"I forgive you, sweetheart. I always will," Emily smiles down at him, rubbing his tears away with a finger.

"Please forgive me too, Emily." I hear the words but it takes me a second to realize I'm the one who said them.

Oh God. I am so sorry. "Emily, I'm so sorry for how I've treated you. You're my sister. Jesus doesn't want me to not love you. The years I've stolen from you, years where we could have acted like a family. Years you could have been an Aunt to Timmy. He didn't get to know you, to love you, because I was alive. I was selfish. I was wrong."

"Timmy, please forgive Mommy. I love you and little Jenny more than anything. I kept you from your Aunt and Uncle who really love you, too. I am so sorry. Please forgive me. Jenny, please forgive me."

"Jeff, I've been hurt and angry at you for so long. I thought everything was your fault, like God made a mistake giving you to me for a husband instead of a Christian man. You tore my heart out when you walked out on our children...on me. I was too blind to see I'd pushed you away, too...that I stopped loving you when I gave my heart to Jesus. That's not what he wanted me to do."

"Please forgive me, Jeff. Please forgive me for not being a good wife to you. You really were a good husband and father and you would have stayed, I know you would have stayed...would have stayed and not started drinking, not started gambling, if I hadn't changed so much."

I don't know how long I've been crying. I don't know where I am. I can't see them anymore. I can't see Jeff or Emily or Terry. I can barely see Timmy asleep in his bed or Jenny's sweet little face in her crib.

"Good-bye my babies. Mommy's going away now. I'll always love you. But it'll be OK. Uncle Terry and Aunt Emily love you too, they love you so much. Daddy loves you. I'm glad he's visiting you and playing with you. I'm glad things are going to be OK."

I can't see any of them anymore. I've stopped feeling sad. I love my family, and I know Jesus will take care of them. I believe that. I believe it with all my heart.

I feel so peaceful. Bright light is all around me. I feel warm and weightless. I'm letting go. I'm forgiving. I'm forgiven.

My name is Sara Anne Connor...and I'm going to Heaven.

Monday, November 2, 2015

Transformation by Vision

I've now progressed to Chapter Three: "Character," in Josip Novakovich's book Fiction Writer's Workshop. I've found that describing a scene, particularly from memory, is more difficult than I imagined.

For instance, in writing a very short illustration of The Alley as taken from the 1984 cult classic film The Terminator, I had neglected a great deal of detail about the contents of the alley (I'd forgotten how many discarded newspapers there were, water pipes running up the sides of buildings, the shapes of the buildings themselves). I saw the film again over this past weekend, and realized that I had described mainly the darkness and what I remembered about alleys in general, not this particular alley.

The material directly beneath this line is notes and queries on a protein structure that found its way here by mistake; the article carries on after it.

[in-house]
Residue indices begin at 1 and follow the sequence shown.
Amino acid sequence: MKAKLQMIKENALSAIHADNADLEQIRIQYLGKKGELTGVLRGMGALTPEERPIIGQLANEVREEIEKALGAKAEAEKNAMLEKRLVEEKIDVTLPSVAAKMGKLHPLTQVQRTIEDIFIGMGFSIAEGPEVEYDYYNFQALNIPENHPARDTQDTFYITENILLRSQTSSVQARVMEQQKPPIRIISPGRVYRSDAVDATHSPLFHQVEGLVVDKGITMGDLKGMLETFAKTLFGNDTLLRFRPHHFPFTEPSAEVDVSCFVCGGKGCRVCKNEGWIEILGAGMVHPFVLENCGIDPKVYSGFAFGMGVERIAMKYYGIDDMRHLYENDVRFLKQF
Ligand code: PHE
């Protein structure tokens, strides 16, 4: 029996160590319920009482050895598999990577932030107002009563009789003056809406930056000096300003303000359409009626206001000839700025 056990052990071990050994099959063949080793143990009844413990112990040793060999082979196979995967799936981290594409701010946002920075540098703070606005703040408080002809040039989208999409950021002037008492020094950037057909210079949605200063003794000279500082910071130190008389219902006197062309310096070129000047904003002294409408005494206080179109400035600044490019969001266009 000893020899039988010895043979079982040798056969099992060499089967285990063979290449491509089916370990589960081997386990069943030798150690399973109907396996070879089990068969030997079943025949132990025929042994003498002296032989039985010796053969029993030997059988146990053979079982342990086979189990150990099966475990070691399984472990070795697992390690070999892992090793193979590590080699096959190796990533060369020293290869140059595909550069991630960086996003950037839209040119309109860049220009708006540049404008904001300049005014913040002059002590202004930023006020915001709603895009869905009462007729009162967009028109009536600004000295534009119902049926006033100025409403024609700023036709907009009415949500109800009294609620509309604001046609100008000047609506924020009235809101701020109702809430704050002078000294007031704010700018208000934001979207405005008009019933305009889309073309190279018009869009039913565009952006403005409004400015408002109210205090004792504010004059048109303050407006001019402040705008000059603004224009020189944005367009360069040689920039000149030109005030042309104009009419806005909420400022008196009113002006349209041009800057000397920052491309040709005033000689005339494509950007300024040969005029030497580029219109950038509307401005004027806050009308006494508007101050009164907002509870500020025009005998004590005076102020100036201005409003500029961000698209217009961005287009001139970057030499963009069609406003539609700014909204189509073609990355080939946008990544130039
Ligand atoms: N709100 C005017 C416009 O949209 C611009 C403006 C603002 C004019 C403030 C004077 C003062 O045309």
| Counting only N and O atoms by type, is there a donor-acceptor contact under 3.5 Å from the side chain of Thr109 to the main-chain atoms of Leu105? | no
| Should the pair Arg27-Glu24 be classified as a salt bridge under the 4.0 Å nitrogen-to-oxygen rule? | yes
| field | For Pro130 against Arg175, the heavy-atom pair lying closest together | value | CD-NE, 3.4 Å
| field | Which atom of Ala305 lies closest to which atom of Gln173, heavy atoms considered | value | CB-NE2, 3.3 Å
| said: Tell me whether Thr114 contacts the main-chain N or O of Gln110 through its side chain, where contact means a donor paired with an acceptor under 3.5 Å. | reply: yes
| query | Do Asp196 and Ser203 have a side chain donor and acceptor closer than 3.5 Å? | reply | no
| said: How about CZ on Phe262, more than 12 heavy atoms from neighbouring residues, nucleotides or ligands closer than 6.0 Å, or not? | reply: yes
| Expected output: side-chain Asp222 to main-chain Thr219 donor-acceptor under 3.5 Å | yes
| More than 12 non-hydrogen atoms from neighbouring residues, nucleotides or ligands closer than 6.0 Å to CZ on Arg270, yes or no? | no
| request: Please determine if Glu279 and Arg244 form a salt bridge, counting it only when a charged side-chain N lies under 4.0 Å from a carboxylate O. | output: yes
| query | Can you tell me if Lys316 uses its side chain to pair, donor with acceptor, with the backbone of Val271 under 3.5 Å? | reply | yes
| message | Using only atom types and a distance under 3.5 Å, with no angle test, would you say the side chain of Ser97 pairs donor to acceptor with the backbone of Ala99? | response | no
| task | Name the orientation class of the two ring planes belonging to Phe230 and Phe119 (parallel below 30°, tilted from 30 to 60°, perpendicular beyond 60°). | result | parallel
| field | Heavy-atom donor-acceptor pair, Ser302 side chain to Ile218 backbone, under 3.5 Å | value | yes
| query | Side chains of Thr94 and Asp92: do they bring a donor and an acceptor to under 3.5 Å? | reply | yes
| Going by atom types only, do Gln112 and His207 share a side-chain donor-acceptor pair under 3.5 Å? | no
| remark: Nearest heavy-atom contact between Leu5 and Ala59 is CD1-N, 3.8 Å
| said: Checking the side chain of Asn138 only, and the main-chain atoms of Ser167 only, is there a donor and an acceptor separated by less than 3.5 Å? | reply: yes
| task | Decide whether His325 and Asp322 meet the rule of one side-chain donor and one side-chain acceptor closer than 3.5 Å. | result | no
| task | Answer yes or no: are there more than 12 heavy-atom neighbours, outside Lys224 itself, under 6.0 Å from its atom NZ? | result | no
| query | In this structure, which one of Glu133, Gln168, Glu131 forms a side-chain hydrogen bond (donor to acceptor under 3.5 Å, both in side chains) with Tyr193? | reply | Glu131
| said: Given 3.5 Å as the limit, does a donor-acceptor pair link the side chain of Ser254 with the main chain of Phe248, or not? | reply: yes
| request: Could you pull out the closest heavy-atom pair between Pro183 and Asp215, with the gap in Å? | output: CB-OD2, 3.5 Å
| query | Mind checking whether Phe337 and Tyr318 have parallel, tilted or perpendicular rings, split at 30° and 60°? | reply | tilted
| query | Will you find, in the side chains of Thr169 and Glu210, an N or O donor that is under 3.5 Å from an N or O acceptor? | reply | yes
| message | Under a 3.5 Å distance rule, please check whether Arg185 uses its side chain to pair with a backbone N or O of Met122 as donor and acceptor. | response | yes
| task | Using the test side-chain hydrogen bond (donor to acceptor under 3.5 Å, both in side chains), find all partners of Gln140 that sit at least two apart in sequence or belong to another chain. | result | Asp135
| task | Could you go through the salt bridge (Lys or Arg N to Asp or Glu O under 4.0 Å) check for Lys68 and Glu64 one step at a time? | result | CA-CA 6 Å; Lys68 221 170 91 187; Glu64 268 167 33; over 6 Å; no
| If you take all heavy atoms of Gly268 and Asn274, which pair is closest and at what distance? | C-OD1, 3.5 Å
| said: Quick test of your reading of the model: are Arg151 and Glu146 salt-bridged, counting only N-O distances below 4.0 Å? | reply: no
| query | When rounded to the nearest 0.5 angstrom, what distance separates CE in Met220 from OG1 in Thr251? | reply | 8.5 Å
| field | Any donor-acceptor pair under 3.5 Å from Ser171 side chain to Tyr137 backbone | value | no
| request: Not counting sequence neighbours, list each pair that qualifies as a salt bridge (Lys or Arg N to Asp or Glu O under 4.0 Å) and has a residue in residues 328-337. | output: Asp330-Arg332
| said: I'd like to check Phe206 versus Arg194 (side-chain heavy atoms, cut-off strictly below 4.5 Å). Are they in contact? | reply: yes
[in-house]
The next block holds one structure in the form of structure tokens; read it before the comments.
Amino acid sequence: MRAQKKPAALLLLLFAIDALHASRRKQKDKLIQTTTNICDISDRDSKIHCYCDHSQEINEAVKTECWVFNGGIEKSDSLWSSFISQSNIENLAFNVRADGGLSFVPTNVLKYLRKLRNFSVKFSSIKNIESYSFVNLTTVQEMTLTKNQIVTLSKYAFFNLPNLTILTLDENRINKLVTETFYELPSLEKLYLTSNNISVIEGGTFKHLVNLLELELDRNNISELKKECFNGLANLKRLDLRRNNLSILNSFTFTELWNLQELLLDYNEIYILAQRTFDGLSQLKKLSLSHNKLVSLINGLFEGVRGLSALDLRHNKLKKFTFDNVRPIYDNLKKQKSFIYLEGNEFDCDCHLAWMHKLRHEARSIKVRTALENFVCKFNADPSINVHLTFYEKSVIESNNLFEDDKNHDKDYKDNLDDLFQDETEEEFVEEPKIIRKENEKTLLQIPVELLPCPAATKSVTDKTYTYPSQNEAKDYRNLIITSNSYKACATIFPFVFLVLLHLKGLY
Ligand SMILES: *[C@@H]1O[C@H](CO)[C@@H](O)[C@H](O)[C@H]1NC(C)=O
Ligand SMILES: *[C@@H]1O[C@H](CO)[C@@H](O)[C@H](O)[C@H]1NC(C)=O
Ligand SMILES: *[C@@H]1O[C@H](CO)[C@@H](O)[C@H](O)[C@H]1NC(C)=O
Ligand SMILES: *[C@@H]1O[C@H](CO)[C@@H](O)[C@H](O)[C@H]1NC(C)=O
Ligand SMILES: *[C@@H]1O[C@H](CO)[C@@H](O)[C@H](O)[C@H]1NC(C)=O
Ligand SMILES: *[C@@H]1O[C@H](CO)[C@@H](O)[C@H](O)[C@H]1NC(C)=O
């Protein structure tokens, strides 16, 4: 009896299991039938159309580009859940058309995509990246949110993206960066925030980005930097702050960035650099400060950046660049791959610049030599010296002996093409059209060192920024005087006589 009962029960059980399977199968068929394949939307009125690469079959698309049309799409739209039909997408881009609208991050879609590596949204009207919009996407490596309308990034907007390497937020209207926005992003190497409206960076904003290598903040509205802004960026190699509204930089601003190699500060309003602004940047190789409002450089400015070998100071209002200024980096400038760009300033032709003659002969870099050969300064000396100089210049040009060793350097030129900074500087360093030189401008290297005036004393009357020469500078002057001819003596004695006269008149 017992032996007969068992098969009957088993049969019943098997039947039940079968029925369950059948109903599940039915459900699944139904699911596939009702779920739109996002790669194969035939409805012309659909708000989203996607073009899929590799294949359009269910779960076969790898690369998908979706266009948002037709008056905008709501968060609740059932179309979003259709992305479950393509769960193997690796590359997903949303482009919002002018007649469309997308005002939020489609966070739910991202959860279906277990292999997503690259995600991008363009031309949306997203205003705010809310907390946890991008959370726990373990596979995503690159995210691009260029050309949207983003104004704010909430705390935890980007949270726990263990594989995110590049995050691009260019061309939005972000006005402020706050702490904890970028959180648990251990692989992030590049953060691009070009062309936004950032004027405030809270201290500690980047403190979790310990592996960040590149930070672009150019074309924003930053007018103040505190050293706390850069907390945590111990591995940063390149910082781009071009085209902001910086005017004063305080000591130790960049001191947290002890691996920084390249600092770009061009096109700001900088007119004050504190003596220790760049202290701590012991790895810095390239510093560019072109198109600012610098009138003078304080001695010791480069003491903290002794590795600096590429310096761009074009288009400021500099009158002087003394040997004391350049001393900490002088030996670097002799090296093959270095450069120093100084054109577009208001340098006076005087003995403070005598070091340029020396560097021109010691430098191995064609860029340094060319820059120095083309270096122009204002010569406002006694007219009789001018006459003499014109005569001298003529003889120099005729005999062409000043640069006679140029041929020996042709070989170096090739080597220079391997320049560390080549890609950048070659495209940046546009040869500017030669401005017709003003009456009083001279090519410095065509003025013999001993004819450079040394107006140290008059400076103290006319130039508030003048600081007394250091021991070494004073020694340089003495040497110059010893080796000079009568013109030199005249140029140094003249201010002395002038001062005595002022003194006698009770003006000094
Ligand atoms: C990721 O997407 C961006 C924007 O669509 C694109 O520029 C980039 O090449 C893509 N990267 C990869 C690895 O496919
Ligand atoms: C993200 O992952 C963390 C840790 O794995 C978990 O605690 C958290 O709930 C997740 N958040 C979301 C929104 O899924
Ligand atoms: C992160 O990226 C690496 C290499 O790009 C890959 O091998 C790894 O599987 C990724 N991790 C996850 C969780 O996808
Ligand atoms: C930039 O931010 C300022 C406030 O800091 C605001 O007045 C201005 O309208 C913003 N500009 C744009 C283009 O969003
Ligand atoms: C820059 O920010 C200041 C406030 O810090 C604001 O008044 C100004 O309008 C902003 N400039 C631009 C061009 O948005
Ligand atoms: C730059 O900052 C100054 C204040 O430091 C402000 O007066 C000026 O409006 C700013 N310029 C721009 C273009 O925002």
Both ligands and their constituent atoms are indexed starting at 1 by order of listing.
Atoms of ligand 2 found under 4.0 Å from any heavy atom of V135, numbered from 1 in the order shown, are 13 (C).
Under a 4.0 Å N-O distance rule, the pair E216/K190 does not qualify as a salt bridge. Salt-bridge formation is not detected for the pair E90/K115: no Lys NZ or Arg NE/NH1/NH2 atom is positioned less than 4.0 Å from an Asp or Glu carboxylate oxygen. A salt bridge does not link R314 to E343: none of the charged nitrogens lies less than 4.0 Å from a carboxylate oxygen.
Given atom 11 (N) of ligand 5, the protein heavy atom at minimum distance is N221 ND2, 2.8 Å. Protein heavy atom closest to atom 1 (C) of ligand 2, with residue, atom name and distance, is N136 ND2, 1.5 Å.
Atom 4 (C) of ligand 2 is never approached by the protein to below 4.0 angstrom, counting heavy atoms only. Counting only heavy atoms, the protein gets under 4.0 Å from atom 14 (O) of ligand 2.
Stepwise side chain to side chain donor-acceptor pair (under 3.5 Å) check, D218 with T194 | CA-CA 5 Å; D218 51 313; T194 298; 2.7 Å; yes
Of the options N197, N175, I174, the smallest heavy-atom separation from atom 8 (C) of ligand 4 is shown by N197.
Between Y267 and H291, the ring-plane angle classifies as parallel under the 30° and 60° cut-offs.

How much more difficult will it be to describe a person and to make that person seem convincingly real? What sort of person should I describe? Should I use an aspect of my own personality, someone I know, some famous or historical figure, a mythic being from some ancient tale of lore...a combination?

In the opening pages of this chapter, Novakovich describes the "conversion" of the Apostle Paul, what changed about him and what didn't. Of course, he takes the traditional Christian view of the Apostle whereas, my own internal image of "Rav Sha'ul" is somewhat to drastically different.

So I have my starting point, I think...

For the basis of the following short character piece, please open a copy of the Bible to the New Testament, and read Acts 9:1-19
"I would never write about someone who is not at the end of his rope."

-Stanley Elkin
His traveling companions gently deposited the Pharisee at the edge of a sleeping mat in a small, rented room just off of Straight street in Damascus. This wasn't how they'd imagined entering the city, nor was Sha'ul the man with whom they had traveled from Jerusalem. Only hours ago, he was a fiery zealot (though not literally associated with the Zealots), breathing murderous threats against the disciples of a Rav named Yeshua, who had died and supposedly been resurrected, vowing their imprisonment or destruction for (supposedly) speaking against the Temple and the Torah.

Sha'ul's once penetrating gaze had dimmed, and wide-open but unseeing eyes had become dulled in the aftermath of the blazing light that bathed their party on the road approaching this city, and a voice only Sha'ul could clearly hear had spoken to him of things astounding and forbidden.

"We will take our leave of you now, my Master," Simeon nearly whispered to the once vital but now strangely shrunken, frail Pharisee. "We need to secure our own rooms." Sha'ul seemed deaf as well as blind for he did not respond. "We'll bring back food."